* (They also have talks about how she would be driving them around wherever they want to go unlike mean old /me/ so I guess that’s the bed I made for myself.:))
posted by warriorqueen at 12:35 PM on November 21 [21 favorites]


I was reminded, by the article, of when I went with my cousin (and her tiny tot, age 3) to pick up elder tot from camp. I stayed with and amused tiny tot while elder tot's things were packed up and hauled to car. While talking to tiny tot, we encountered a ladybug. And we talked about the ladybug and the conversation went a ways and then...

Child: "Will it die?" (The ladybug, currently crawling across tot's hand after tot picked it up carefully)

Me: "Yes. All things that live must die someday."

Child: "That's sad."

Me: "Yes. Sad for ladybugs, sad for cats, sad for people. But, everything that lives will one day die. Even us."

Child: "Oh. Ok. Can we go climb that hill?"

Me: "Yep. Put the ladybug down safely first, though."

It was only as I took child's hand to go climb the hill that I noticed a handful of absolutely gobsmacked parent-types standing nearby with matching absolutely horrified looks on their faces. Like, what did they want me to do, lie to the tot? How's that helpful?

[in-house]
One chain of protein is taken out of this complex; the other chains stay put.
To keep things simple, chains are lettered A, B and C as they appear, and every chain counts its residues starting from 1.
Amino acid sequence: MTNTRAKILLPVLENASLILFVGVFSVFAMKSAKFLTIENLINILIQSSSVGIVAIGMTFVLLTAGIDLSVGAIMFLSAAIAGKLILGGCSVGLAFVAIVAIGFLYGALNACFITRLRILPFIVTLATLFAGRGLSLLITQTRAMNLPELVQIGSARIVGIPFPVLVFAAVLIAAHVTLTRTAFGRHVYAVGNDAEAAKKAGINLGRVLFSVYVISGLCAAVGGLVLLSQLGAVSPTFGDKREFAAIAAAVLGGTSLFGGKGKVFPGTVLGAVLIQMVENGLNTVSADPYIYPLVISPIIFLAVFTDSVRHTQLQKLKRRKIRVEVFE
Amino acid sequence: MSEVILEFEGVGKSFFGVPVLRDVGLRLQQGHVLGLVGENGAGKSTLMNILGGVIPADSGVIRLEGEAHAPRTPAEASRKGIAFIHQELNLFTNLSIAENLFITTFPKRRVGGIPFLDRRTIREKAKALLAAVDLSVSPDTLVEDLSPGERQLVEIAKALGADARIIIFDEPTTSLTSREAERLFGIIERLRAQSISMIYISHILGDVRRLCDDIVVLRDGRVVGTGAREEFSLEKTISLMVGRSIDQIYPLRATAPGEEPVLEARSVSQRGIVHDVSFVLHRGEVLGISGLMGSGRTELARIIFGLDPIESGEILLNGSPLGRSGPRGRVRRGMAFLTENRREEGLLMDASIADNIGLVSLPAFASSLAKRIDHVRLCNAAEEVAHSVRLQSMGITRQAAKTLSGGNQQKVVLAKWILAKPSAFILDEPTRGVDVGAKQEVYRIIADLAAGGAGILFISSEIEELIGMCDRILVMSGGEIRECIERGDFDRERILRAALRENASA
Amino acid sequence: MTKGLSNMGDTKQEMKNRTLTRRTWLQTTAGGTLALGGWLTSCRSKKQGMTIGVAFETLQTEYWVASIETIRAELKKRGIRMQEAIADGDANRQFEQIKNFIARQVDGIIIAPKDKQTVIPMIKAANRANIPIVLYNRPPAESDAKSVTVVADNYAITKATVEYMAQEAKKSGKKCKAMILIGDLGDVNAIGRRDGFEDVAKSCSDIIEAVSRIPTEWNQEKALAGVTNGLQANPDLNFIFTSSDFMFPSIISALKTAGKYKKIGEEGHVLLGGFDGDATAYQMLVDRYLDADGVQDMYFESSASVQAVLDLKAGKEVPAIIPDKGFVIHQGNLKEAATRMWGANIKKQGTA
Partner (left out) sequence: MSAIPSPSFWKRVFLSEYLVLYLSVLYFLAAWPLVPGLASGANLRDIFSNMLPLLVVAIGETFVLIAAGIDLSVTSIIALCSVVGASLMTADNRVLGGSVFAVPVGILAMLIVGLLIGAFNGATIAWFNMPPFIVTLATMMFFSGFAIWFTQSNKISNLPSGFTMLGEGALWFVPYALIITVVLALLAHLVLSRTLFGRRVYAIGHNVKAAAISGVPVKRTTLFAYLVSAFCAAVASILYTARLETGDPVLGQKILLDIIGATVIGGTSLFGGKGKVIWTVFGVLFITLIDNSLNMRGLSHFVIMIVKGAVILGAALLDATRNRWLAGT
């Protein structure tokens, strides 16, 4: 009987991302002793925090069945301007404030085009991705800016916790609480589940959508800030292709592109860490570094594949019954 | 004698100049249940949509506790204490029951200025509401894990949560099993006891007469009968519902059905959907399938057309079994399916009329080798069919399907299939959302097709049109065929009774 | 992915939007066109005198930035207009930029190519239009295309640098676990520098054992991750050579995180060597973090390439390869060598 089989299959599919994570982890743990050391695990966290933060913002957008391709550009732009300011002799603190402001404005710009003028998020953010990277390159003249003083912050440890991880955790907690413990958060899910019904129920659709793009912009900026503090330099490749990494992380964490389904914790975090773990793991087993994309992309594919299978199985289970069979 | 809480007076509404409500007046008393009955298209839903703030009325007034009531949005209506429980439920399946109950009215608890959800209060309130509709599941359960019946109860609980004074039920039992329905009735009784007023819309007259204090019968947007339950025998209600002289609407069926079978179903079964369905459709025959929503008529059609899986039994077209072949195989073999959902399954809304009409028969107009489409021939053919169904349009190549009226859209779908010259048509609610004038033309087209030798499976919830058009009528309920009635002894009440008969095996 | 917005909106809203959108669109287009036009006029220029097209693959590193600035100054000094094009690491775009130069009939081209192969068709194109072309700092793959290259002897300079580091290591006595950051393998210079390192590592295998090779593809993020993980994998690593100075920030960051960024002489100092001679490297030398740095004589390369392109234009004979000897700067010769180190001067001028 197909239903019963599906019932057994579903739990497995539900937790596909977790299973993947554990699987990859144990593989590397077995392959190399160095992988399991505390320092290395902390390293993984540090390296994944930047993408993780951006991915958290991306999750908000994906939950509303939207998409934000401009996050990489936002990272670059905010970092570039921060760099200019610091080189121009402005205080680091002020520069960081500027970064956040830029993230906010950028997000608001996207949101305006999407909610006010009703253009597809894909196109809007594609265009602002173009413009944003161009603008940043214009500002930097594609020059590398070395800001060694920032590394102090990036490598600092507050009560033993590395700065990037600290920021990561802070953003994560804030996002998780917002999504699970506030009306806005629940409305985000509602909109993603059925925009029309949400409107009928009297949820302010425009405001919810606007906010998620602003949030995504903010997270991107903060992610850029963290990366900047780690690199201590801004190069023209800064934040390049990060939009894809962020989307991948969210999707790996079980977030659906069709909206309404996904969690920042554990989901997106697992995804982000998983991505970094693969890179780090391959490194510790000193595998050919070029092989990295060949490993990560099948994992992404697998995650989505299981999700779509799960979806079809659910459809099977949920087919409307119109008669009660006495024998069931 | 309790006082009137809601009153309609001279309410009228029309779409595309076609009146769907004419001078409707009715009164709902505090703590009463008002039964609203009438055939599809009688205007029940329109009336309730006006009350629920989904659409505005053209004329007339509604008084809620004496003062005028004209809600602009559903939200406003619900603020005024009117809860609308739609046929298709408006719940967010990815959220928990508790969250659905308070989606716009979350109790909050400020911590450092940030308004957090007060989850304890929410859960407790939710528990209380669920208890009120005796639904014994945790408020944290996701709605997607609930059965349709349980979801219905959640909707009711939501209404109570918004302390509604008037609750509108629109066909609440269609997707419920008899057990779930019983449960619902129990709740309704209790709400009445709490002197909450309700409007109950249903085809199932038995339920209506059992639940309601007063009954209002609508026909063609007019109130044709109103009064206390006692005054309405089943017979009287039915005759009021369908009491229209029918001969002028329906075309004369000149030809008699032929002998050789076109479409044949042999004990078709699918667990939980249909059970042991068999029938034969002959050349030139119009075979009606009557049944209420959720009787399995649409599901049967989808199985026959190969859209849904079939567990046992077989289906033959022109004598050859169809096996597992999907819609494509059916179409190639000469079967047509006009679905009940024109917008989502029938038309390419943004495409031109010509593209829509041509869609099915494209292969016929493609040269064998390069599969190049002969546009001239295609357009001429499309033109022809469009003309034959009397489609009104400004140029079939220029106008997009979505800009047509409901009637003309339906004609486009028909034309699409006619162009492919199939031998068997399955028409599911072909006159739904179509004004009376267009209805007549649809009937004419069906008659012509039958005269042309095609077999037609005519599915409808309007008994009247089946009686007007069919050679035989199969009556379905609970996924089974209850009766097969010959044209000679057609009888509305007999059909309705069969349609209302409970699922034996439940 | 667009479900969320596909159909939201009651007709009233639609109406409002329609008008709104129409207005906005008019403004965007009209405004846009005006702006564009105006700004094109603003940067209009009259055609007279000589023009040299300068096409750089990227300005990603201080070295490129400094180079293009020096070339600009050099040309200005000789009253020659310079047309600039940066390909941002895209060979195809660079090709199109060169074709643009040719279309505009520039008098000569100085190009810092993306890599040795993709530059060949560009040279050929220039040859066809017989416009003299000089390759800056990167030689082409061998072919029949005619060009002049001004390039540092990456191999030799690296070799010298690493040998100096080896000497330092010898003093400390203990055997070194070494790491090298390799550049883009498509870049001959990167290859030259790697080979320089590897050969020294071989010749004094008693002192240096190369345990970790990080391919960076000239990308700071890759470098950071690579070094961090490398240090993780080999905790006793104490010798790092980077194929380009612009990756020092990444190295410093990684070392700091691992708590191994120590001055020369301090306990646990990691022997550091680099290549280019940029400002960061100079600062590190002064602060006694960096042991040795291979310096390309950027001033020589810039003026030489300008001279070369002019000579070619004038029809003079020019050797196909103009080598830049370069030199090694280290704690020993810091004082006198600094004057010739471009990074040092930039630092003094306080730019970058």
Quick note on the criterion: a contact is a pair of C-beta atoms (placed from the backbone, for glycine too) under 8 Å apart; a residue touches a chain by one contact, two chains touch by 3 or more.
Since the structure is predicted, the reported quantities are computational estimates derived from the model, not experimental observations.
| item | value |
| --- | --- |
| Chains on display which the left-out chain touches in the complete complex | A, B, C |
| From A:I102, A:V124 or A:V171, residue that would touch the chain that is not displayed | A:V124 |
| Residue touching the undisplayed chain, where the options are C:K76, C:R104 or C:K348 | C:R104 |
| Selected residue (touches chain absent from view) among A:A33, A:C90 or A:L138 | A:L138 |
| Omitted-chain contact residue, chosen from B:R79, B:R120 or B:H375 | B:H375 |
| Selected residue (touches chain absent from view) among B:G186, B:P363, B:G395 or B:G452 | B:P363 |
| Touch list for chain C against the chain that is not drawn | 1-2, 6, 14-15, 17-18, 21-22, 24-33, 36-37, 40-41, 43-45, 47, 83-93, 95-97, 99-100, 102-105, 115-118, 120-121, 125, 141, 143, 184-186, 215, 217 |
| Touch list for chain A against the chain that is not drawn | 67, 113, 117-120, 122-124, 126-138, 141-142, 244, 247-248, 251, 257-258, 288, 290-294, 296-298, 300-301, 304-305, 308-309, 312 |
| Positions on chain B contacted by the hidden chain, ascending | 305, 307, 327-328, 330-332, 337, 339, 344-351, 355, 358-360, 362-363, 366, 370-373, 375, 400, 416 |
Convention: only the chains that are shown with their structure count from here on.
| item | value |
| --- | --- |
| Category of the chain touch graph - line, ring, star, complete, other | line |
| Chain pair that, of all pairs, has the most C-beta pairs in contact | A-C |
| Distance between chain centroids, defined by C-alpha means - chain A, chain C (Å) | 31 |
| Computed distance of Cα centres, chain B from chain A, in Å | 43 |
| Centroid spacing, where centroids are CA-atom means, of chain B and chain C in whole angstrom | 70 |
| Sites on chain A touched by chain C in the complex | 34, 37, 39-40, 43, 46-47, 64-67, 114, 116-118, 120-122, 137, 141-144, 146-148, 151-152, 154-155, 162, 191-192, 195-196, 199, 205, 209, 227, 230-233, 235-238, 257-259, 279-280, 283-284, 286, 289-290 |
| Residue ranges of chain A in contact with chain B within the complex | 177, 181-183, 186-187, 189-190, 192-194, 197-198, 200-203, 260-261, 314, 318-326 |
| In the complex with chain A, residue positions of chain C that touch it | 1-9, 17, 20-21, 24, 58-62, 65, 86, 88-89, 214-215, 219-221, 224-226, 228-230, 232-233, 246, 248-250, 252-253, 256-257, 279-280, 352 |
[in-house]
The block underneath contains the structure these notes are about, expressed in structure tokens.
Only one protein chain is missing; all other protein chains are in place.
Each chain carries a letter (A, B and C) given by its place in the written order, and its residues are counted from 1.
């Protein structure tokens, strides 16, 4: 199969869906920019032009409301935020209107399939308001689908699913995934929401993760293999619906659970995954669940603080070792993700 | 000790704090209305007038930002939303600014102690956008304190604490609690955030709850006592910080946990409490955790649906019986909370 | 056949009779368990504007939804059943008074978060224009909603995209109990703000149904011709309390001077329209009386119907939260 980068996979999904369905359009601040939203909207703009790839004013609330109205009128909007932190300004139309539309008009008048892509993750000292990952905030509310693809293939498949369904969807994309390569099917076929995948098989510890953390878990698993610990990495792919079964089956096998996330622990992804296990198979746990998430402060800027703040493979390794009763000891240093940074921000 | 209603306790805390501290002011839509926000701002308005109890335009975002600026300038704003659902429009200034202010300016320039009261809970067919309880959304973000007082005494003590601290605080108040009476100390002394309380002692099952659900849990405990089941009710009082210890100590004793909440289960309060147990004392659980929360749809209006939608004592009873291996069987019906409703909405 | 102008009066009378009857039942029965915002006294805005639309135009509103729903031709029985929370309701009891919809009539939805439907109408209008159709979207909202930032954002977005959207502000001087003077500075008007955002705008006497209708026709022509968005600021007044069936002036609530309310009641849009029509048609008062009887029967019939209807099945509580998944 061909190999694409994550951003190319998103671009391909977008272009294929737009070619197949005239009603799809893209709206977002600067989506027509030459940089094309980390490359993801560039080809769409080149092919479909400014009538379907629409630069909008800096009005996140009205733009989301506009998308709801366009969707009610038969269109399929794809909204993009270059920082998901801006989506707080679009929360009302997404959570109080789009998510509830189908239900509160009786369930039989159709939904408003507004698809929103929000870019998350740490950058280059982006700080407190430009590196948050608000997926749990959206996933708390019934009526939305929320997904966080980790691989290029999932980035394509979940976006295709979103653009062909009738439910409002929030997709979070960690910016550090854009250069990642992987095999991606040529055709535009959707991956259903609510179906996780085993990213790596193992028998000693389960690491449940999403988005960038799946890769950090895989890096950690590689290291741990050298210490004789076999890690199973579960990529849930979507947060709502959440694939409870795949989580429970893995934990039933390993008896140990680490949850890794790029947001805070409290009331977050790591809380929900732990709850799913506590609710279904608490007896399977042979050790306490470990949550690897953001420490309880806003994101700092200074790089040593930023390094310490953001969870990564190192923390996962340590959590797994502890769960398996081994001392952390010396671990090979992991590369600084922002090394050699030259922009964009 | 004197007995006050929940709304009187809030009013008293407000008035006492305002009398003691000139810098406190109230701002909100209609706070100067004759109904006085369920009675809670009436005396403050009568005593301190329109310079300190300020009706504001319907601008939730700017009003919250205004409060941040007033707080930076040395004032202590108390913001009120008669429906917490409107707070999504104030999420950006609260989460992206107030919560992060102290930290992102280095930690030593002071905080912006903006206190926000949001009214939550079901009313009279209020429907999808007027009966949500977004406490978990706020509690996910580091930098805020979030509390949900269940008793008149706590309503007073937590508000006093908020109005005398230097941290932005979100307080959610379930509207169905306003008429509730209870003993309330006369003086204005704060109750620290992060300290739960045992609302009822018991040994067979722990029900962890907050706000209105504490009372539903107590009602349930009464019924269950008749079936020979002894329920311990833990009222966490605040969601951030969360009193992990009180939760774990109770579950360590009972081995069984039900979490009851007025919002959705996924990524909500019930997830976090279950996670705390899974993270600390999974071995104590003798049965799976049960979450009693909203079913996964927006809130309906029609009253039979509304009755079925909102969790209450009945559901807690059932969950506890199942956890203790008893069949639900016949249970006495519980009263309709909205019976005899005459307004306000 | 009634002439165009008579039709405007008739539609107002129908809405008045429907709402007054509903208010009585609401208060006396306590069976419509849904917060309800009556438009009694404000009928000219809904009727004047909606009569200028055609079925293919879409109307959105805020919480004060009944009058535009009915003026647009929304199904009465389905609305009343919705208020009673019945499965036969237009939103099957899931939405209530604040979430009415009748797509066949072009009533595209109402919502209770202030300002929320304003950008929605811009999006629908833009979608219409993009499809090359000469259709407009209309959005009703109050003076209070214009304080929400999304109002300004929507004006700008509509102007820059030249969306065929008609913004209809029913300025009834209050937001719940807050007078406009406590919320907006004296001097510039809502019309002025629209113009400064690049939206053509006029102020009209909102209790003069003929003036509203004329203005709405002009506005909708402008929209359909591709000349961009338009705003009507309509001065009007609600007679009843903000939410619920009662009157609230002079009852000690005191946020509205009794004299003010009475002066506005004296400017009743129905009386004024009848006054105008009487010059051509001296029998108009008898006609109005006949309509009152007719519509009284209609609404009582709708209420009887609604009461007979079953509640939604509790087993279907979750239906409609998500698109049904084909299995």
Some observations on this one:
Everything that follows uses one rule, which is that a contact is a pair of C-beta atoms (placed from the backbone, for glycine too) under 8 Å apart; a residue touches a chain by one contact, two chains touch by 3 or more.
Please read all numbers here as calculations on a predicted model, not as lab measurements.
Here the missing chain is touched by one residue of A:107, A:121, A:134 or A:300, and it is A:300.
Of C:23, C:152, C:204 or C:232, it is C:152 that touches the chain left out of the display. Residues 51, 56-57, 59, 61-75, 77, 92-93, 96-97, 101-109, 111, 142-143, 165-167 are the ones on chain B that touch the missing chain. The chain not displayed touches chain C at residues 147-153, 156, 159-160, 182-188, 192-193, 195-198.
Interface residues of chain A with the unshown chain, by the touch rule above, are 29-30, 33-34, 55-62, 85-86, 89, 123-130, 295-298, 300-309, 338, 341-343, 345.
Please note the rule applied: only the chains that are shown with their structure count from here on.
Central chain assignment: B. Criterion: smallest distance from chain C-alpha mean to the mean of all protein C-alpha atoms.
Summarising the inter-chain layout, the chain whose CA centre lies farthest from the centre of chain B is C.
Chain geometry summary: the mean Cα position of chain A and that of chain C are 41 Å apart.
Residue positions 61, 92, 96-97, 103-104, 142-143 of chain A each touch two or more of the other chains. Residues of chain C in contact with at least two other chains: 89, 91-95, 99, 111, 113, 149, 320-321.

If you can't talk about the eventual death of a ladybug you just met, how are you going to talk about the imminent death of, for example, Muffin the cat or Granny or the classmate with leukemia? I don't understand people.
posted by which_chick at 12:43 PM on November 21 [44 favorites]


This is a really beautiful essay. Thank you.
posted by hydropsyche at 12:55 PM on November 21


Yes to all of this. I didn't begin to really heal from the loss of my parents until I accepted that some part of that grief would always be with me, like the background radiation of my life: I will always not have their real physical presence, but still have memories of them and the fact of their incarnation in my physical self.
posted by Halloween Jack at 1:04 PM on November 21 [7 favorites]


And, perhaps most important, “I miss her.”

Absolutely yes. Allowing your children to see you sad when a loved one passes - whether that be Nana or Theodore the magnificent kitty, gives them permission to be sad and express sadness as well.

On really hard days directly after my mother’s death, I would say “I really miss my mom” out loud. And it gave kiddo (and spouse) context and comfort that there was a reason for my unreasonableness. And kiddo would hug me and we would move on with our day.
posted by theBigRedKittyPurrs at 2:30 PM on November 21 [6 favorites]


Hard to address, but essential.

Article paywall, but my mum died when I was 11 (breast cancer), I knew nothing leading up to it, and no one tried to explain to me, made a mess of my life for a long time. It also marked a distinct break with the Romany side of my family.
posted by unearthed at 2:33 PM on November 21 [3 favorites]